- Climbing Taranaki Maunga outside of the summer months requires mountaineering skills and equipment. It should not be considered a tramp or hike when snow and ice are present, as surface conditions will significantly raise the complexity of the trip and the consequences of poor decisions. Always be prepared to turn around on your trip should you encounter conditions you weren’t expecting or prepared for.
- Taranaki Maunga is very accessible and is a popular climb in summer months. This has led many to underestimate its seriousness in winter, or even when weather or conditions deteriorate. Trampers and climbers should recognise that Taranaki Maunga is a very serious mountain requiring solid planning and decision making at any time of year. They should also consider that due to its unforgiving terrain and exposure to the weather, any mistakes made have the potential for much more severe consequences. It’s no coincidence that it is the second most deadly mountain in New Zealand after Aoraki/Mt Cook.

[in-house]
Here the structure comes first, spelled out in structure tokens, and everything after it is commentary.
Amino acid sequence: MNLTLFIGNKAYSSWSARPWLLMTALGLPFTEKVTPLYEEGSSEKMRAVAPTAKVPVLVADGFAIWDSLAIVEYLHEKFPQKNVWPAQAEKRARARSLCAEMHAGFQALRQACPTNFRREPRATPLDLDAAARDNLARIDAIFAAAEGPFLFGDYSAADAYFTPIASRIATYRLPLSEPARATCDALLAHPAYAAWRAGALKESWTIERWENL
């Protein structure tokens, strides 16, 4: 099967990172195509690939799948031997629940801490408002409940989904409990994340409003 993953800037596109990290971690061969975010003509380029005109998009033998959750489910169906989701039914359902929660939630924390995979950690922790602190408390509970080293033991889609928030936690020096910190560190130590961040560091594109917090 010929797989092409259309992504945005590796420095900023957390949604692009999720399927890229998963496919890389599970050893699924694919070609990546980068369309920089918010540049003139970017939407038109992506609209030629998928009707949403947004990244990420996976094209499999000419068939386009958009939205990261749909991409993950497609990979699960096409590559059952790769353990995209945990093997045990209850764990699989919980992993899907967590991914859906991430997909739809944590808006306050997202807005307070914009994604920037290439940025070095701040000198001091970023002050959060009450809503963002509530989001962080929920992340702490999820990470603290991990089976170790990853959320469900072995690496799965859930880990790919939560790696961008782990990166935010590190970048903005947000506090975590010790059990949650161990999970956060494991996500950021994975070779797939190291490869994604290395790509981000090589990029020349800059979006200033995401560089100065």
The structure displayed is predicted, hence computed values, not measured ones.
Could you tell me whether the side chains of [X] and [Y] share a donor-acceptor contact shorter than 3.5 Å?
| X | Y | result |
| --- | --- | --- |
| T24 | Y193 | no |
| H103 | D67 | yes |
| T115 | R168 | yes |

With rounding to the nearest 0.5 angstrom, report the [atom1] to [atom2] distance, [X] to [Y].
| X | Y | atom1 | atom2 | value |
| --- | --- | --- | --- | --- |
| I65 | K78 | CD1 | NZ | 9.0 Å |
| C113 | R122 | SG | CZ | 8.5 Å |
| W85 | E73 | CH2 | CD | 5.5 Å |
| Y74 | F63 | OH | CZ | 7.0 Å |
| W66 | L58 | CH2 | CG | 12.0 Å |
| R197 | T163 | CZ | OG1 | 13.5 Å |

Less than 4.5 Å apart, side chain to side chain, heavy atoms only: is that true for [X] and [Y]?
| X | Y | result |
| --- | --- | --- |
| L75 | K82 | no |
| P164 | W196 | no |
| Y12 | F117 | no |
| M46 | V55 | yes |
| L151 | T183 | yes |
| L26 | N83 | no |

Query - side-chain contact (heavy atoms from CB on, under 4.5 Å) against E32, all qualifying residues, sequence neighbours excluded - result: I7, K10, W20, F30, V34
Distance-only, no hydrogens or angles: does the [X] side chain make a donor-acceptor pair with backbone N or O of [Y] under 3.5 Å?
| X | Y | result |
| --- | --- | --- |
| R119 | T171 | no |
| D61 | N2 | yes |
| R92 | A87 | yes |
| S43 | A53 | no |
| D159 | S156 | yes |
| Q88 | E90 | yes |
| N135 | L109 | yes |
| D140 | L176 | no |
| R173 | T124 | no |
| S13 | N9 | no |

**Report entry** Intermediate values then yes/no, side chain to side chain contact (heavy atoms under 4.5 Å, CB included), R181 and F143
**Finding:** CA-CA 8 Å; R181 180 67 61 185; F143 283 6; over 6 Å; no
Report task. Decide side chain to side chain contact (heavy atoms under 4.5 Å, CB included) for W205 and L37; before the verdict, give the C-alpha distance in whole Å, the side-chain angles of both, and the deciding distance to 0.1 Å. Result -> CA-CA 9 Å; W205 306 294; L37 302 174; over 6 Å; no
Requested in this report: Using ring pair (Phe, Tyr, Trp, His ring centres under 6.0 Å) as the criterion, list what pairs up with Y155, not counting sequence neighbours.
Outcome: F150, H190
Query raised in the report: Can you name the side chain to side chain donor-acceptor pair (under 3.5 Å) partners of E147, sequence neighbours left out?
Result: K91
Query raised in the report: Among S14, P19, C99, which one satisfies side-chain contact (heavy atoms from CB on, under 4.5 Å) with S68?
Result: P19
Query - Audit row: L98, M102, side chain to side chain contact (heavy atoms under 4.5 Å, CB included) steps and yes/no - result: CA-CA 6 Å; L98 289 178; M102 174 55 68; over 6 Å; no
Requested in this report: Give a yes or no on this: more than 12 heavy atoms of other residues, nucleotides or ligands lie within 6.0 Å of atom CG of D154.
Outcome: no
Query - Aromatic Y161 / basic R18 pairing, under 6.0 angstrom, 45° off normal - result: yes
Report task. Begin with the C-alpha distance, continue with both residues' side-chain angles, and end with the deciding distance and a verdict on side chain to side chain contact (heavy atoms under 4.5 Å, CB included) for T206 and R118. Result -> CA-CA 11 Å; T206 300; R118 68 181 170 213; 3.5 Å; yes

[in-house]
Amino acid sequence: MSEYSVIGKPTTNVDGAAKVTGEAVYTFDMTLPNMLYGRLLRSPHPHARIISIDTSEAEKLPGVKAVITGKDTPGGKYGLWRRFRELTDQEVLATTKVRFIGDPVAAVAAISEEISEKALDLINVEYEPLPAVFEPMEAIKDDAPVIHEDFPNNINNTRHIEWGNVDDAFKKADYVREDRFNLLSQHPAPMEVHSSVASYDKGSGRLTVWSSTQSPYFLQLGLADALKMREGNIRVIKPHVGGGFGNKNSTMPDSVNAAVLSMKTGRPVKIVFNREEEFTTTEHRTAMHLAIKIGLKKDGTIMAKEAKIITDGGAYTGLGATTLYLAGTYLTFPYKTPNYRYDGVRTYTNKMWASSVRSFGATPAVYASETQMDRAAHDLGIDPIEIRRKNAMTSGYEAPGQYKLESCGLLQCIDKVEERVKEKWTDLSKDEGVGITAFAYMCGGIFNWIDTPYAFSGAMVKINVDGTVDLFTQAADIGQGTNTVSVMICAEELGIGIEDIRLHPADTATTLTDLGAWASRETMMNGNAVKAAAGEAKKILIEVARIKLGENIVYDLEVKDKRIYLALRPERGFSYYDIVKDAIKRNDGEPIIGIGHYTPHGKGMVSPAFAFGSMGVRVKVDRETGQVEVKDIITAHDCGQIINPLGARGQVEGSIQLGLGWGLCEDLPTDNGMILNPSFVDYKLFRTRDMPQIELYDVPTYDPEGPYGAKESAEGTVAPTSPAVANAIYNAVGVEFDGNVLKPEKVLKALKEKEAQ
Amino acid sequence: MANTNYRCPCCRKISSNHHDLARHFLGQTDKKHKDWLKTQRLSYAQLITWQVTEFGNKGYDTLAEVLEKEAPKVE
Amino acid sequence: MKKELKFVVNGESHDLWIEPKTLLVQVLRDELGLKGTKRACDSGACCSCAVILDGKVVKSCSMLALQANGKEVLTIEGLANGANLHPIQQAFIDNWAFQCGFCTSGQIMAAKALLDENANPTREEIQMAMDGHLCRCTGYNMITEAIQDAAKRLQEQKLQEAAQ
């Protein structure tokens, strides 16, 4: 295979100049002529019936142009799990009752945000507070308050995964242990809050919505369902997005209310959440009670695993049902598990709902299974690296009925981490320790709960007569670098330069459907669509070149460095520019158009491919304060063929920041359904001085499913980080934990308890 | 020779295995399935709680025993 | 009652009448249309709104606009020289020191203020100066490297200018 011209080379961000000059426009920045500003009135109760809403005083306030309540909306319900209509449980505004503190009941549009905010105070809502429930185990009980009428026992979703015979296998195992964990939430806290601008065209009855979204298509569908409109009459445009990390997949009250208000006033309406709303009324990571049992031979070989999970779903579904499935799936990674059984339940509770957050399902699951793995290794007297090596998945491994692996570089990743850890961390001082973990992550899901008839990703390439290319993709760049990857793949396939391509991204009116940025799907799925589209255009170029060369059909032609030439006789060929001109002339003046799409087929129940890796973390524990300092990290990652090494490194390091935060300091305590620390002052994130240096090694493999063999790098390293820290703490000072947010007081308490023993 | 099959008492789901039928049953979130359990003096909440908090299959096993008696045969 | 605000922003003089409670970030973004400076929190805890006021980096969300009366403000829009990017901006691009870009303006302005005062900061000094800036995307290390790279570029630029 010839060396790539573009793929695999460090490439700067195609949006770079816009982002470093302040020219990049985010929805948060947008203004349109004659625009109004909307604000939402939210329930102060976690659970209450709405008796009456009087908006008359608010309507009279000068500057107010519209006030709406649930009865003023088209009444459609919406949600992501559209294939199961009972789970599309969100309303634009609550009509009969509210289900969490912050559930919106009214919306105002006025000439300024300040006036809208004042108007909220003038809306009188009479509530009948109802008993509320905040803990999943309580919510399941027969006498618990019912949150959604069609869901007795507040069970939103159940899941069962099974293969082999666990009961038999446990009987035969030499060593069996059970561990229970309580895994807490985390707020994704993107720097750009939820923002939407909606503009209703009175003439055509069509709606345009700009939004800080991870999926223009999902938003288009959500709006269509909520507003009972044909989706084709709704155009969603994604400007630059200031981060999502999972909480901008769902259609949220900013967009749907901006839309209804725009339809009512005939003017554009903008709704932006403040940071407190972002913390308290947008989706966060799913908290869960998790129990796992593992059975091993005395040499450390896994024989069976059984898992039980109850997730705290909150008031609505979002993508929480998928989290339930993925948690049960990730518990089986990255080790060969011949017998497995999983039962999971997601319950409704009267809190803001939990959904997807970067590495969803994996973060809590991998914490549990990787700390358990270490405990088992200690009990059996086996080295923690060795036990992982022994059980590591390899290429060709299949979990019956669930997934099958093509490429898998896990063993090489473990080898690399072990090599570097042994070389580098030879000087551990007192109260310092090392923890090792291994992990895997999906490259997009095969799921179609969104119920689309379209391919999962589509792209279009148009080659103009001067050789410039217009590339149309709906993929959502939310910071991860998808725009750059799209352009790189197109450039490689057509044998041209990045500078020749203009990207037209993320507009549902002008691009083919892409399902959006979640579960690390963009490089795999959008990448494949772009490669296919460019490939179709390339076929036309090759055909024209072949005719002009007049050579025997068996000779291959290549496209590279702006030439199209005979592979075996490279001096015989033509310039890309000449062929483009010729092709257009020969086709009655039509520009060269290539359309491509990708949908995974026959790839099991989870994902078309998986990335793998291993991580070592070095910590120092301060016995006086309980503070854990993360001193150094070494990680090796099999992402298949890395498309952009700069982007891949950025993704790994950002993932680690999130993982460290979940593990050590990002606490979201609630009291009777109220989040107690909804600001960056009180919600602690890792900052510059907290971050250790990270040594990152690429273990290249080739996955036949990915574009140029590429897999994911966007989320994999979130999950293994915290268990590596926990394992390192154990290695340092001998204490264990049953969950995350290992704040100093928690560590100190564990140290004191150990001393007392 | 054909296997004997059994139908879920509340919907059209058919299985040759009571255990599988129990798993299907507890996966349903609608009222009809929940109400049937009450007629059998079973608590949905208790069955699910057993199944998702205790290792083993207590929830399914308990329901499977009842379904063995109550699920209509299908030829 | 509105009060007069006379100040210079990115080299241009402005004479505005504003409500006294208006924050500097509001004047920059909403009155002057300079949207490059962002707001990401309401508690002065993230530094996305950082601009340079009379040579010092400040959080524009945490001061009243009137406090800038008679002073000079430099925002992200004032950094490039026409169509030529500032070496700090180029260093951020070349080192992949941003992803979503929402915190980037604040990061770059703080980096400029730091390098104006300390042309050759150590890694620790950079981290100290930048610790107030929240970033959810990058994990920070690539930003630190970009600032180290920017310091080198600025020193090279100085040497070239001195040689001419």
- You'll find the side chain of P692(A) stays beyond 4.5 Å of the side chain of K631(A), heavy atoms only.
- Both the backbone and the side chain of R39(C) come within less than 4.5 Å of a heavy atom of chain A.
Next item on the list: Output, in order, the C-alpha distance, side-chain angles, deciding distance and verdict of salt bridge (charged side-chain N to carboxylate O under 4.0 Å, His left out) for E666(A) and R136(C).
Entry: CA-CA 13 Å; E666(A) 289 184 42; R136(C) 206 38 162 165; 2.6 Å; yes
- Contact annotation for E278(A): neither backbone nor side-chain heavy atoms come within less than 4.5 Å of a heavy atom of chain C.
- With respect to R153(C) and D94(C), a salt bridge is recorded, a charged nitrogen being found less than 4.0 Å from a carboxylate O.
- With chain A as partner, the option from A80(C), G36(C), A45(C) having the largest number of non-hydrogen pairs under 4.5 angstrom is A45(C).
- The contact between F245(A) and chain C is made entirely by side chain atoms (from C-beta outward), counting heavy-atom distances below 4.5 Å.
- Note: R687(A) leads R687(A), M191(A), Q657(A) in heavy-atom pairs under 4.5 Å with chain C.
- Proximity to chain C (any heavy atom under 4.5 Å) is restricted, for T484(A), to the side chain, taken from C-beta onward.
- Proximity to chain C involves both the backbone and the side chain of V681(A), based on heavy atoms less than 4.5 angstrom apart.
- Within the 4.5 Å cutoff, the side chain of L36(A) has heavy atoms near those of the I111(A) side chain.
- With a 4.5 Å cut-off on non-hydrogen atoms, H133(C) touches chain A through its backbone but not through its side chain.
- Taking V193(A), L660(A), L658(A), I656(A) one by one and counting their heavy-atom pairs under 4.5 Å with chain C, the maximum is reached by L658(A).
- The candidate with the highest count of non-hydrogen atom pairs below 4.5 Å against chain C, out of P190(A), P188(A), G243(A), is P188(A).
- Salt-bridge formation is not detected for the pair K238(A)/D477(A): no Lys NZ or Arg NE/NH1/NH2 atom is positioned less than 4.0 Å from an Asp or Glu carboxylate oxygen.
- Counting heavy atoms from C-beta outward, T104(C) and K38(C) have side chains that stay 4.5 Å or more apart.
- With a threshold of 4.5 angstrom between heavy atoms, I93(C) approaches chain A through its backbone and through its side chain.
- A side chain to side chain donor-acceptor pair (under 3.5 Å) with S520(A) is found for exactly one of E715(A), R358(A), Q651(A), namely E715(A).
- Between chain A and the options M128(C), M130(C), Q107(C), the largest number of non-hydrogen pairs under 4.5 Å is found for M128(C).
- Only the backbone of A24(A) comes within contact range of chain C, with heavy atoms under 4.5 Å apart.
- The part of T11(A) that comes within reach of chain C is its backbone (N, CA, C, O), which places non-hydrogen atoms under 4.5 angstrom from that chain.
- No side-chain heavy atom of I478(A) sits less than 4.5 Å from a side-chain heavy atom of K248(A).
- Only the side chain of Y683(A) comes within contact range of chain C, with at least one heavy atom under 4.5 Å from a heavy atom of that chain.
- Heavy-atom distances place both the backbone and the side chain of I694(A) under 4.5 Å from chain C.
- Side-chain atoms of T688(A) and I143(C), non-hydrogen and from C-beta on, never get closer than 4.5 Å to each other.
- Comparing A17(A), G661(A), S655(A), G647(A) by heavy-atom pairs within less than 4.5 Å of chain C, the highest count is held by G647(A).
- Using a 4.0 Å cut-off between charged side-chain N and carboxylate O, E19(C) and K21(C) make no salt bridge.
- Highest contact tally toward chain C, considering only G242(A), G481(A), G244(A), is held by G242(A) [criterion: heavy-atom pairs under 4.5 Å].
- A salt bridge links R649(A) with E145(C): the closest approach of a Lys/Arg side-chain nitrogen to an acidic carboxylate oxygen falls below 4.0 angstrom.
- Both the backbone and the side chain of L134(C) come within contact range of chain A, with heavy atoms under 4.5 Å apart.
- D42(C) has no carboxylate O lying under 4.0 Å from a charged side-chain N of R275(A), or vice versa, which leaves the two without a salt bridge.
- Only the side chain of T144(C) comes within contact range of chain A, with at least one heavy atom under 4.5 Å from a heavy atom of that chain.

- Experience climbing elsewhere in New Zealand or overseas, while useful, may not be sufficient to understand the unique challenges and conditions on Taranaki Maunga. Seek information and advice from locals and take a cautious approach on your trip, setting decision making points to consider how experienced conditions compare to your expectations, and how the group is coping.